Books -- Small World --- Word Power
By Salil Tripathi
1 July 2004
Far Eastern Economic Review
(c) 2004 Dow Jones & Company, Inc.
[ In Defense of Globalization. By Jagdish Bhagwati. Oxford University Press.
Whether it is the prevalence of child labour in South Asia or environmental
degradation worldwide, globalization has a lot to answer for, if one reads
its best-selling critics like Naomi Klein or Joseph Stiglitz. Now, Jagdish
Bhagwati, a Columbia University professor and a senior fellow at the Council
on Foreign Relations in the United States, has stepped forward with a lucid
defence. Given the self-righteousness of some of its critics and the paucity
of eloquent defenders (with notable exceptions like Hernando de Soto), this
book hasn't come a day too soon.
Bhagwati's account is witty and eclectic. He draws on a wide range of disciplines
and opinions, ranging from Nigerian novelists and German poets to French
structuralists, Russian anarchists, Indian economists and American executives.
The message: There are things wrong with the world, but they're not globalization's
fault. Globalization does not need a human face, because it is a human process,
its influence largely benign. And while there is injustice in the world
-- inequality, poverty and disease -- institutions exist to set those right.
This may sound like an unusually sunny view of the world and, in trying
to cover so vast a ground, Bhagwati understandably has to skim over the
surface of some complex debates. But the picture that emerges after his
sweeping broad brush is convincing.
This is because Bhagwati takes globalization's opponents seriously. He takes
their arguments at face value and dissects them, agreeing that there are
serious problems with the world, but asks the relevant question (misquoting
Tina Turner): What's globalization got to do with it? Are you concerned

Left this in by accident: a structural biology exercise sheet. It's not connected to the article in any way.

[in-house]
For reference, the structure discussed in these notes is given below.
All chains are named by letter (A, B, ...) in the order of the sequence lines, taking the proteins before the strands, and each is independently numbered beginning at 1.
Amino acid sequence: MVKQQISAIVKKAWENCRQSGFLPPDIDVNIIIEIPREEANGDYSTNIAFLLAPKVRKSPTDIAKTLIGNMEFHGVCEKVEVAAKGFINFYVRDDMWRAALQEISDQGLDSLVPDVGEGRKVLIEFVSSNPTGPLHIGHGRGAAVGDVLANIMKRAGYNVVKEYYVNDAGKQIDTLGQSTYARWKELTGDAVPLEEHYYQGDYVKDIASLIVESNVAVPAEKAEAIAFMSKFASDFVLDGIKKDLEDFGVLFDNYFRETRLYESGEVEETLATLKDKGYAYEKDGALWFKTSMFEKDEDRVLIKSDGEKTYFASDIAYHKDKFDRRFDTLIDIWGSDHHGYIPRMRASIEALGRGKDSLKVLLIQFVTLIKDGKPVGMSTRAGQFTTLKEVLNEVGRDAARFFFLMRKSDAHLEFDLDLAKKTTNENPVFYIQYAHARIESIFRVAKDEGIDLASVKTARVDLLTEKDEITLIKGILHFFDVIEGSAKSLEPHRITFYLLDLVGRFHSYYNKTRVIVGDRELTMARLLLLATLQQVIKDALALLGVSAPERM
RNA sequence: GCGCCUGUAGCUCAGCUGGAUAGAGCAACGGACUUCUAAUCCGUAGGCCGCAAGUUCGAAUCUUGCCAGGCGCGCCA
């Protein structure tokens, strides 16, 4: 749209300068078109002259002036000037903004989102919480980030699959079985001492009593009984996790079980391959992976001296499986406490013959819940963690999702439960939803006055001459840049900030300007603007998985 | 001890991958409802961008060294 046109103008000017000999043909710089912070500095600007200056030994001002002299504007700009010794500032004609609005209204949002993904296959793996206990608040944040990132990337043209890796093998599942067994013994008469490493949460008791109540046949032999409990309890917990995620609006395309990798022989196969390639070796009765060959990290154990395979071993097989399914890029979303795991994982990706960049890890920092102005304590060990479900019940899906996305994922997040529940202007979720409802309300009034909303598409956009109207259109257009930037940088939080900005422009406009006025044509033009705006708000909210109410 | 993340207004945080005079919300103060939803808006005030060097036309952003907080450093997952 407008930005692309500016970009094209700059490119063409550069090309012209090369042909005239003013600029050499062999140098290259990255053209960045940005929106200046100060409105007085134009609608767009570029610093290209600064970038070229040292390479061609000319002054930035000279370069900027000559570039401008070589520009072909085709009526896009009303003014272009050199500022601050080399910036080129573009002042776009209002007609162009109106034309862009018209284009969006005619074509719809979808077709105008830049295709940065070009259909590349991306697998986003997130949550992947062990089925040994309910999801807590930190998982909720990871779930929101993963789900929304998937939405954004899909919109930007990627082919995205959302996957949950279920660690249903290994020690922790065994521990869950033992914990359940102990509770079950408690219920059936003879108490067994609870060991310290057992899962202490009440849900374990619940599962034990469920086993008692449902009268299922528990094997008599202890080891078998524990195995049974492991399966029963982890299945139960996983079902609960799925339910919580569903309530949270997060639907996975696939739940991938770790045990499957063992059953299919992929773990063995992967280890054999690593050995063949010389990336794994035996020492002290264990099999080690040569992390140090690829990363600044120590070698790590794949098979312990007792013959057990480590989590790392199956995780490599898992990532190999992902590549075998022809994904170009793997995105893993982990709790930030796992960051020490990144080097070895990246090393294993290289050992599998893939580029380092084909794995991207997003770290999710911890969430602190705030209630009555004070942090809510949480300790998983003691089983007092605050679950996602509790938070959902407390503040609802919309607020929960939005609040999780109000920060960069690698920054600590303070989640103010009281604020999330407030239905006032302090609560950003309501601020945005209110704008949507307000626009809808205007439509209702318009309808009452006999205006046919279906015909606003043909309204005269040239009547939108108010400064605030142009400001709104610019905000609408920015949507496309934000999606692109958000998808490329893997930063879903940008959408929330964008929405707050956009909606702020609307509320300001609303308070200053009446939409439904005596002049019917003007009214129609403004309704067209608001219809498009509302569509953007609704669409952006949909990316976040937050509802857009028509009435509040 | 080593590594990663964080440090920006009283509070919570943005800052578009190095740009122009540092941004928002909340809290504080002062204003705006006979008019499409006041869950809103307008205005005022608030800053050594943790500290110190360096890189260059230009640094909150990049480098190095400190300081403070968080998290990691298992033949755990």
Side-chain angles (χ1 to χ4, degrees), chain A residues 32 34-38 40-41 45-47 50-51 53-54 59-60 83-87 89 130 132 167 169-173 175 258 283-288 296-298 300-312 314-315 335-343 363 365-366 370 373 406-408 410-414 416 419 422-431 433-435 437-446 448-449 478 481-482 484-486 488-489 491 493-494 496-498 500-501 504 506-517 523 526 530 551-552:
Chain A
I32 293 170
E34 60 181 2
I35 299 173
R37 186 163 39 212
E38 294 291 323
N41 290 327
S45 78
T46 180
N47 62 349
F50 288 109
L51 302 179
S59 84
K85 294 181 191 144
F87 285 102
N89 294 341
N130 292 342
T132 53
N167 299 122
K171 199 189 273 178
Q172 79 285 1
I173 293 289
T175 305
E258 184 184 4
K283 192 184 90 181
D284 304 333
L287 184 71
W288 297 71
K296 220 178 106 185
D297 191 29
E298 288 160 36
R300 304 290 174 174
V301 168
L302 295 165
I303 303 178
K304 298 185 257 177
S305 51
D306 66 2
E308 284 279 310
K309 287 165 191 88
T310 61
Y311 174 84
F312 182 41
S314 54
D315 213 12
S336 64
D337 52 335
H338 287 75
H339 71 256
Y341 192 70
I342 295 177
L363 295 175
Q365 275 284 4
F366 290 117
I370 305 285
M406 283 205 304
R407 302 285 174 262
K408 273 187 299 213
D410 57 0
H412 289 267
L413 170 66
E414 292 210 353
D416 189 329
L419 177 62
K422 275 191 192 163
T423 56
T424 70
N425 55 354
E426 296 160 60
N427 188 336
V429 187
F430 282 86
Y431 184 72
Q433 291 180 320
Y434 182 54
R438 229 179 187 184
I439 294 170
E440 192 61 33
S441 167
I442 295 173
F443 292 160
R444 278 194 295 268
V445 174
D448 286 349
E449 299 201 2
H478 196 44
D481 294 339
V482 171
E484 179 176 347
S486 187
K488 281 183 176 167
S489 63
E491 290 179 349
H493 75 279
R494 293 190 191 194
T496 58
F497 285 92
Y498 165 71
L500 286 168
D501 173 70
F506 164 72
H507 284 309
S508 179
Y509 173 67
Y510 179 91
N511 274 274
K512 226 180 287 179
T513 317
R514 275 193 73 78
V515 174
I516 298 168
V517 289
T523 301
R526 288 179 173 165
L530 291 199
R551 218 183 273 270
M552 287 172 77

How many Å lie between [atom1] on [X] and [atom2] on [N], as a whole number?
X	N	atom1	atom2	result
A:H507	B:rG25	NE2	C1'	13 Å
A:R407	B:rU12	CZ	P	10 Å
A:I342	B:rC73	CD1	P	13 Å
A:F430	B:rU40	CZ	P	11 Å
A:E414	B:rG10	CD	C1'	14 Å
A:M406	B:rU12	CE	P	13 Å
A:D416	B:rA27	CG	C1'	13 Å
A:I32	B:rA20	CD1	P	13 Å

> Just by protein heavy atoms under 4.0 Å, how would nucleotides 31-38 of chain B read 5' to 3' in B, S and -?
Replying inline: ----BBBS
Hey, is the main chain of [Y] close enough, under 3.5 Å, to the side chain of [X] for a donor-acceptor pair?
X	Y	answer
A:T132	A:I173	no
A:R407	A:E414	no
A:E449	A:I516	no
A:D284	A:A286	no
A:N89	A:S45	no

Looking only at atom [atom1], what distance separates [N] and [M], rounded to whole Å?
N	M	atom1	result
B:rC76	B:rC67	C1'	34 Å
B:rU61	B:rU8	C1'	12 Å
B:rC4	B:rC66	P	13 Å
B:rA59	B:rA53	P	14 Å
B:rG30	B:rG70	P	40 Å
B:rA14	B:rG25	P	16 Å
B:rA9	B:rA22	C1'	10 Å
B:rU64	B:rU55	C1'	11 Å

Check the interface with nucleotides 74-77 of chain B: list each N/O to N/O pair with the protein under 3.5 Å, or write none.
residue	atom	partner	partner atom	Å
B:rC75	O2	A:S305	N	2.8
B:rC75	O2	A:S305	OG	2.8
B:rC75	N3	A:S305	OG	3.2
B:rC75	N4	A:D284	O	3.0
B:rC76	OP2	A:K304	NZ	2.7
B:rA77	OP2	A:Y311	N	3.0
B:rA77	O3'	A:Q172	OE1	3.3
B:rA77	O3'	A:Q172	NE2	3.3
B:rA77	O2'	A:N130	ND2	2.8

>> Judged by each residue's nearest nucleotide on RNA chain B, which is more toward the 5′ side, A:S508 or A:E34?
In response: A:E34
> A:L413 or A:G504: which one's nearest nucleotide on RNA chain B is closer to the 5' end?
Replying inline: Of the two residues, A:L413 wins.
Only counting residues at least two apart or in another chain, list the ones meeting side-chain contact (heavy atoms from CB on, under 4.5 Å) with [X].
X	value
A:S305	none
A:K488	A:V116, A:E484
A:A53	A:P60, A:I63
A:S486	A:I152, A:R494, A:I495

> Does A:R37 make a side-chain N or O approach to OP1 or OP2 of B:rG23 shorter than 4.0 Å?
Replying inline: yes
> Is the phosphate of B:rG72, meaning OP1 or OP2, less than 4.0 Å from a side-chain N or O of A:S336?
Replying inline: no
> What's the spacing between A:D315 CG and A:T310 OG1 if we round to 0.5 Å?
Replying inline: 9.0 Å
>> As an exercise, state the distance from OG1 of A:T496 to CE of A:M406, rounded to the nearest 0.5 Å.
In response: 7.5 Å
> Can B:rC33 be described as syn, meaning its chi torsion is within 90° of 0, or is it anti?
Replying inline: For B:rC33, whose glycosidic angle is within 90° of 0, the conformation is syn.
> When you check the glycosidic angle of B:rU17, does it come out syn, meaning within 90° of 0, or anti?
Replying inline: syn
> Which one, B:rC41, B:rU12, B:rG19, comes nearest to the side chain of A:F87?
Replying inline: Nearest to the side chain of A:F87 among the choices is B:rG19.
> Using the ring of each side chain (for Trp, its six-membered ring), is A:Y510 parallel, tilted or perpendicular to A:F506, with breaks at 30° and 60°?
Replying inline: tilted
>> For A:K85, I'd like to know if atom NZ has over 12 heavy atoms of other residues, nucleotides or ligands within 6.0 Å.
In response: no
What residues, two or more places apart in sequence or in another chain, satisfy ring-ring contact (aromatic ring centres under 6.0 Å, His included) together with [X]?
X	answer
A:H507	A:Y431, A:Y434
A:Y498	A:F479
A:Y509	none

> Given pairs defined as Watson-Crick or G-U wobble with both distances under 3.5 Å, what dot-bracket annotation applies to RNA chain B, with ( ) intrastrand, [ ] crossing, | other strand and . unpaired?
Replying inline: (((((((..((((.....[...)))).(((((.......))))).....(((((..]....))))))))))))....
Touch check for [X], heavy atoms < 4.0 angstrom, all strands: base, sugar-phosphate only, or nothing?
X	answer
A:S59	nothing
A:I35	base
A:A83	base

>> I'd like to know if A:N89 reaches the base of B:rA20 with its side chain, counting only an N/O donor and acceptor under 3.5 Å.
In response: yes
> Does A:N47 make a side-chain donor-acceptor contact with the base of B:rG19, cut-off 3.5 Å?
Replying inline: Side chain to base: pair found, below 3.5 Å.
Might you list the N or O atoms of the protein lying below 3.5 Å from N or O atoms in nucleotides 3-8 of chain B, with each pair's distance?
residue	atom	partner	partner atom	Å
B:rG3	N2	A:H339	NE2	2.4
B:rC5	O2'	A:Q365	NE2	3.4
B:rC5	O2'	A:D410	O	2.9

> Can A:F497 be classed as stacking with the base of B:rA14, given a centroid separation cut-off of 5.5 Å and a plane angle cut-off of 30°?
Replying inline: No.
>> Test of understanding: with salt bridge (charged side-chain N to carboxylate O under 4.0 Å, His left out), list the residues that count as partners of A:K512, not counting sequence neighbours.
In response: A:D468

about child labour? Go after governments that fail to live up to their obligations
under the International Labour Organization. Does environmental degradation
bother you? Improve local legislation, and empower non-governmental organizations.
Are prices of essential medicines too high? Oppose the conversion of the
World Trade Organization into a royalty-collection agency for big pharma.
Globalization is good, but not good enough, he argues, and should be managed
to "reinforce and ensure" its benign effects. Too many critics assume that
globalization must necessarily be anti-poor. Actually, he argues, globalization
can help the poor emerge from poverty.
In concise chapters, he addresses the vast range of issues that grip anyone
concerned with globalization: Is poverty enhanced or diminished? Are women's
rights harmed or helped? Is culture imperilled or enriched? Are corporations
beneficial or predatory? Bhagwati has advised the United Nations' Kofi Annan
on globalization and the Gatt (the WTO's forerunner), and spends time addressing
concerns of environmentalists. Himself a supporter of reduction in carbon
emissions and sympathetic to many NGOs, Bhagwati is nonetheless unsparing
in his criticism of developing countries that want to maintain their own
barriers -- in trade, in the Kyoto Protocol -- and of NGOs that manipulate
There is, he shows, no race to the bottom; the real race is to the top.
Indeed, over the years labour standards have grown stronger, and lobbies
in the first world -- unions, NGOs and governments -- require the developing
world to meet those standards if they are to continue to receive foreign
Globalization is such a charged word that Bhagwati's book may not sway those
who are already convinced that it can't do any good. But for those with
an open mind who are concerned about the state of the world, this is a soothing
antidote to the negativism that dominates much of the globalization debate.
Salil Tripathi is a writer based in London